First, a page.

The Journal of perinatal & neonatal nursing 07/2014; 28(3):232-240. DOI:10.1097/JPN.0000000000000049 · 1.01 Impact Factor
  • Source
    [Show abstract] [Hide abstract]
    ABSTRACT: Neonatal abstinence syndrome (NAS) secondary to in-utero opioid exposure is an increasing problem. Variability in assessment and treatment of NAS has been attributed to the lack of high-quality evidence to guide management of exposed neonates. This systematic review examines available evidence for NAS assessment tools, nonpharmacologic interventions, and pharmacologic management of opioid-exposed infants. There is limited data on the inter-observer reliability of NAS assessment tools due to lack of a standardized approach. In addition, most scales were developed prior to the prevalent use of prescribed prenatal concomitant medications, which can complicate NAS assessment. Nonpharmacologic interventions, particularly breastfeeding, may decrease NAS severity. Opioid medications such as morphine or methadone are recommended as first-line therapy, with phenobarbital or clonidine as second-line adjunctive therapy. Further research is needed to determine best practices for assessment, nonpharmacologic intervention, and pharmacologic management of infants with NAS in order to improve outcomes.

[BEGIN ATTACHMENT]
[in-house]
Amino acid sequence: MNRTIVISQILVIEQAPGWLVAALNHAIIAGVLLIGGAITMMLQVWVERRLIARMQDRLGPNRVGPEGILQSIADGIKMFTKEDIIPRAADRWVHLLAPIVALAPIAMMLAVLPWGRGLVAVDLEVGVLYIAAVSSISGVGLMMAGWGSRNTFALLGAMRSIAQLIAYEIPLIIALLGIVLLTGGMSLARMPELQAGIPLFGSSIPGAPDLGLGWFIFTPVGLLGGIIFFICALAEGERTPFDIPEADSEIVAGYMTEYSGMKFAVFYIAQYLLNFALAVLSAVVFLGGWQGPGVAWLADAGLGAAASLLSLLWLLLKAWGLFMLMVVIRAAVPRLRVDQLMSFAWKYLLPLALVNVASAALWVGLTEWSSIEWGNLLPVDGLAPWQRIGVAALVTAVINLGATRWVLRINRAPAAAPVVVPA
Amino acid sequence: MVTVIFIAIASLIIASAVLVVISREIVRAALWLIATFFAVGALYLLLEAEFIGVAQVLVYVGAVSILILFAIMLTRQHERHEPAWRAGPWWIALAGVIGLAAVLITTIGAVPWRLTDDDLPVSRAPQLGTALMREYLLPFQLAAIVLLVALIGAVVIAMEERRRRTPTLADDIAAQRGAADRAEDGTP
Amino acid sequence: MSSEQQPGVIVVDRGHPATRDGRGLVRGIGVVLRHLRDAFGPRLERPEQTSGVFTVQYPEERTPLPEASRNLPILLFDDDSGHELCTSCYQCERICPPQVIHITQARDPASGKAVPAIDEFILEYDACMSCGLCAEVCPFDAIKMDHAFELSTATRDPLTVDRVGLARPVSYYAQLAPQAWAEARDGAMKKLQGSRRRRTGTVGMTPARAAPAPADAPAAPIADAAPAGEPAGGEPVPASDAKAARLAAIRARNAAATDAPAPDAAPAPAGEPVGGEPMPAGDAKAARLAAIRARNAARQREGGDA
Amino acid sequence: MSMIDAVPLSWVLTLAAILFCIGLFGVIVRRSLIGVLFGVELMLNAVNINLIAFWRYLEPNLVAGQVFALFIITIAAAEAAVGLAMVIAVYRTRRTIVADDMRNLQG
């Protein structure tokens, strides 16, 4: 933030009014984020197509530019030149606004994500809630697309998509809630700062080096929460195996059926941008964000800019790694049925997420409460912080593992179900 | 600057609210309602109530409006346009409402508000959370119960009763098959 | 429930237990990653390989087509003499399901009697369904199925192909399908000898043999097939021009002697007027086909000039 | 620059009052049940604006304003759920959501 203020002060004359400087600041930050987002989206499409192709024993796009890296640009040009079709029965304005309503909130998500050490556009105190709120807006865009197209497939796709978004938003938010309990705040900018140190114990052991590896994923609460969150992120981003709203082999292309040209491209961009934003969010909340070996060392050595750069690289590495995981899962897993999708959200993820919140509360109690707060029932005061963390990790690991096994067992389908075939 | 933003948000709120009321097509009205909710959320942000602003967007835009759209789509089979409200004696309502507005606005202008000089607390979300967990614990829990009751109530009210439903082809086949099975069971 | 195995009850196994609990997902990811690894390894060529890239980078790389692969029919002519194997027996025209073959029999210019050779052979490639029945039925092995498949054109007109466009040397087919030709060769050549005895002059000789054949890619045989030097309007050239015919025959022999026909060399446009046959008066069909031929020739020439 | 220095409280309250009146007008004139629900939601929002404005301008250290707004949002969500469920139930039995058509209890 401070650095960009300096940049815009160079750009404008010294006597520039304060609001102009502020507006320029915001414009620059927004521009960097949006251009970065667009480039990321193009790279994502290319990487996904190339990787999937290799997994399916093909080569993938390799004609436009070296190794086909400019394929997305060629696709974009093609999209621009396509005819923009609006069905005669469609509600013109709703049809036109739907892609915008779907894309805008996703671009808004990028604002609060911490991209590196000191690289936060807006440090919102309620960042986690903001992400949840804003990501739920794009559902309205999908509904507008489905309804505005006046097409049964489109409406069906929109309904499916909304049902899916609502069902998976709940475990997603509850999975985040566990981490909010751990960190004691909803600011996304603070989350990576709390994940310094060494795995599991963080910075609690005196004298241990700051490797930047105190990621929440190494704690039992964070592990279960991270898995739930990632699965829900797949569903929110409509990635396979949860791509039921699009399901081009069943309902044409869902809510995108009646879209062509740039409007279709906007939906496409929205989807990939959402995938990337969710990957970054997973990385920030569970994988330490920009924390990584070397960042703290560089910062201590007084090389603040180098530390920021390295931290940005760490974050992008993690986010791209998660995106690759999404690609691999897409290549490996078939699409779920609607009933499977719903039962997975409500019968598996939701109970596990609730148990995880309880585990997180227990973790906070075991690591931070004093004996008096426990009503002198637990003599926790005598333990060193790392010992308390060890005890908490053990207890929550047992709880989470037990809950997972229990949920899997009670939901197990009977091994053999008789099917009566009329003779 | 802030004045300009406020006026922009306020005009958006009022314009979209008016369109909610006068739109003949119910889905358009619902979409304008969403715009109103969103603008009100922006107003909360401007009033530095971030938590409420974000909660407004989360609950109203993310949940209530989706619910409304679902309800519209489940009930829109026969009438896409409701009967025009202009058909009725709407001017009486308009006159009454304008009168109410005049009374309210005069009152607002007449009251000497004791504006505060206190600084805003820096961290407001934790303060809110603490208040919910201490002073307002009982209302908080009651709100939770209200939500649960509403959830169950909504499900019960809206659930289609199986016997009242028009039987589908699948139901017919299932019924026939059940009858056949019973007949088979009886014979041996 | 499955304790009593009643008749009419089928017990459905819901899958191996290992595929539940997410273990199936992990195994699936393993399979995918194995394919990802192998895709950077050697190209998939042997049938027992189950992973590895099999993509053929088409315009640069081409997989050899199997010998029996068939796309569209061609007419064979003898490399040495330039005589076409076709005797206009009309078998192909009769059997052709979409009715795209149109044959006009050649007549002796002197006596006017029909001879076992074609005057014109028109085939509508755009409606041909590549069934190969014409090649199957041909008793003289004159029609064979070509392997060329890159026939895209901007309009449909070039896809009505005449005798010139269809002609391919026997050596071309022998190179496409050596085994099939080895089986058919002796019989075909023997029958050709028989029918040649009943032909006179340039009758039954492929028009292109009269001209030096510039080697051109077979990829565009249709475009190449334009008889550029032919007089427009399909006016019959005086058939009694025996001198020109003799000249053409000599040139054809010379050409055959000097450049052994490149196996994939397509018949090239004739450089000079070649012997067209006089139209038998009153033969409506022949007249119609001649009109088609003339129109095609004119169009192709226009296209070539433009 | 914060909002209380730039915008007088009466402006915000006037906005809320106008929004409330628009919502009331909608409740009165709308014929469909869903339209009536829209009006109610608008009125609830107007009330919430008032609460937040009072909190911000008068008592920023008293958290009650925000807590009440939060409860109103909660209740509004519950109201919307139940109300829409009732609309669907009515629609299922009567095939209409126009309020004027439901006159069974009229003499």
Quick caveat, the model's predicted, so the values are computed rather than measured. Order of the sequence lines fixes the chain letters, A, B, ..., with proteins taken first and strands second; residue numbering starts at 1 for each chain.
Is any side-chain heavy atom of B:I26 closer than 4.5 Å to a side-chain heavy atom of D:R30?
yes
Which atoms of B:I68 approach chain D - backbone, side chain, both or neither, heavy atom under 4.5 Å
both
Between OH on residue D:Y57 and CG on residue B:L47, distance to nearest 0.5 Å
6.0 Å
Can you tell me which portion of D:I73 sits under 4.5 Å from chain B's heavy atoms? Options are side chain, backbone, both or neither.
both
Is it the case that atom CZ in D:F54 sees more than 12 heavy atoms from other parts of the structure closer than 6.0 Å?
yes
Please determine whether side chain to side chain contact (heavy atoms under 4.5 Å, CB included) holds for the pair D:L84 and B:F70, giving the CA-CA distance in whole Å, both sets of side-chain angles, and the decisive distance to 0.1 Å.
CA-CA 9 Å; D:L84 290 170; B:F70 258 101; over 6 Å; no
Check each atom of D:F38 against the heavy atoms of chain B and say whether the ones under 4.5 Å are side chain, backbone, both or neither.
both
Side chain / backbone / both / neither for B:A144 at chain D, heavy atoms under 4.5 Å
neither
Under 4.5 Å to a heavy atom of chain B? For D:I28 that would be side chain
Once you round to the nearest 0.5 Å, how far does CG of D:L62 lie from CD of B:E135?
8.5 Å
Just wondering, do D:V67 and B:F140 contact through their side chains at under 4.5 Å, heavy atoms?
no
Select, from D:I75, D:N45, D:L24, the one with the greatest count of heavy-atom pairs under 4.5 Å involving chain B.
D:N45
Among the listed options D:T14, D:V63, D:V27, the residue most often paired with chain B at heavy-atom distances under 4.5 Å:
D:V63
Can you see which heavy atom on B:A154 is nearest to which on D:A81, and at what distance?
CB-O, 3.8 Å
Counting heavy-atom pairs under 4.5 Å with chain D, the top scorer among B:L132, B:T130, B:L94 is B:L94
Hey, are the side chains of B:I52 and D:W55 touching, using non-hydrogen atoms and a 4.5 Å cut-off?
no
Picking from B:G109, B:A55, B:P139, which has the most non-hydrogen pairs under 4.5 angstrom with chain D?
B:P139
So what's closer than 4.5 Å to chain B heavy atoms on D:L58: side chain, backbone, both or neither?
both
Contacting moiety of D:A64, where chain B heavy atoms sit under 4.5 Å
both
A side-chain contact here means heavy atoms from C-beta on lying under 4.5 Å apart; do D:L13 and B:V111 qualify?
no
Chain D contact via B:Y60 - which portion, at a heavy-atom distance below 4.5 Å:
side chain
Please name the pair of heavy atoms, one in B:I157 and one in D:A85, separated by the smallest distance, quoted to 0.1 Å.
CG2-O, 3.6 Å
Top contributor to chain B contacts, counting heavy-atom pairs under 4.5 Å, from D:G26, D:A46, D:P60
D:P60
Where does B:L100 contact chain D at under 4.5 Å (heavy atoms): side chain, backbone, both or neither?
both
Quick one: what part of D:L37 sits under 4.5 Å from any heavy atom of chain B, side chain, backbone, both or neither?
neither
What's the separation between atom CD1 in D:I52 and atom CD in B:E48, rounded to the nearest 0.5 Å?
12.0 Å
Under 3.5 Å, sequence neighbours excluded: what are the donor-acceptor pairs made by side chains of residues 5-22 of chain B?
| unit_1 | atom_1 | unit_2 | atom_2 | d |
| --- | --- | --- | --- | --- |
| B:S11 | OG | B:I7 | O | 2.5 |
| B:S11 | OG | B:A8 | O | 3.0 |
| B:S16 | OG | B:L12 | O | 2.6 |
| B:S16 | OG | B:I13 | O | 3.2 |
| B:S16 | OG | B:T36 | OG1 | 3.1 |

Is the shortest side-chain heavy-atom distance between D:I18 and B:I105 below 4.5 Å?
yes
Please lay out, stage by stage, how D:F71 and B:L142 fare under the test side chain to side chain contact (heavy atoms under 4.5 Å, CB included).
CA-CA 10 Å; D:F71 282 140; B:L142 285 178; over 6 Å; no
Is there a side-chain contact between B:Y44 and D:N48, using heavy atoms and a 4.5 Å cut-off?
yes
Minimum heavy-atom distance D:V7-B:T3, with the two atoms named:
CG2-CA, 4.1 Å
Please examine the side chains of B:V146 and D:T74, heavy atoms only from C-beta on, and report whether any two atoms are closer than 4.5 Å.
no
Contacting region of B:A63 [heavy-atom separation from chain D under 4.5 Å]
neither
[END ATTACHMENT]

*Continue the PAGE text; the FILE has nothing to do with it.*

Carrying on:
Addiction science & clinical practice 09/2014; 9(1):19. DOI:10.1186/1940-0640-9-19
  • [Show abstract] [Hide abstract]
    ABSTRACT: The incidence of neonatal abstinence syndrome (NAS) has increased dramatically during the past 15 years, likely due to an increase in antepartum maternal opiate use. Optimal care of these patients is still controversial because of the available published literature lacking sufficient sample size, placebo control, and comparative pharmacologic trials. Primary treatment for NAS consists of opioid replacement therapy with either morphine or methadone. Paregoric and tincture of opium have been abandoned because of relative safety concerns. Buprenorphine is emerging as a treatment option with promising initial experience. Adjunctive agents should be considered for infants failing treatment with opioid monotherapy. Traditionally, phenobarbital has been used as adjunctive therapy; however, results of clonidine as adjunctive therapy for NAS appear to be beneficial. Future directions for research in NAS should include validating a simplified scoring tool, conducting comparative studies, exploring home management options, and optimizing management through pharmacogenomics.

Full-text (2 Sources)

Download
55 Downloads
Available from
May 22, 2014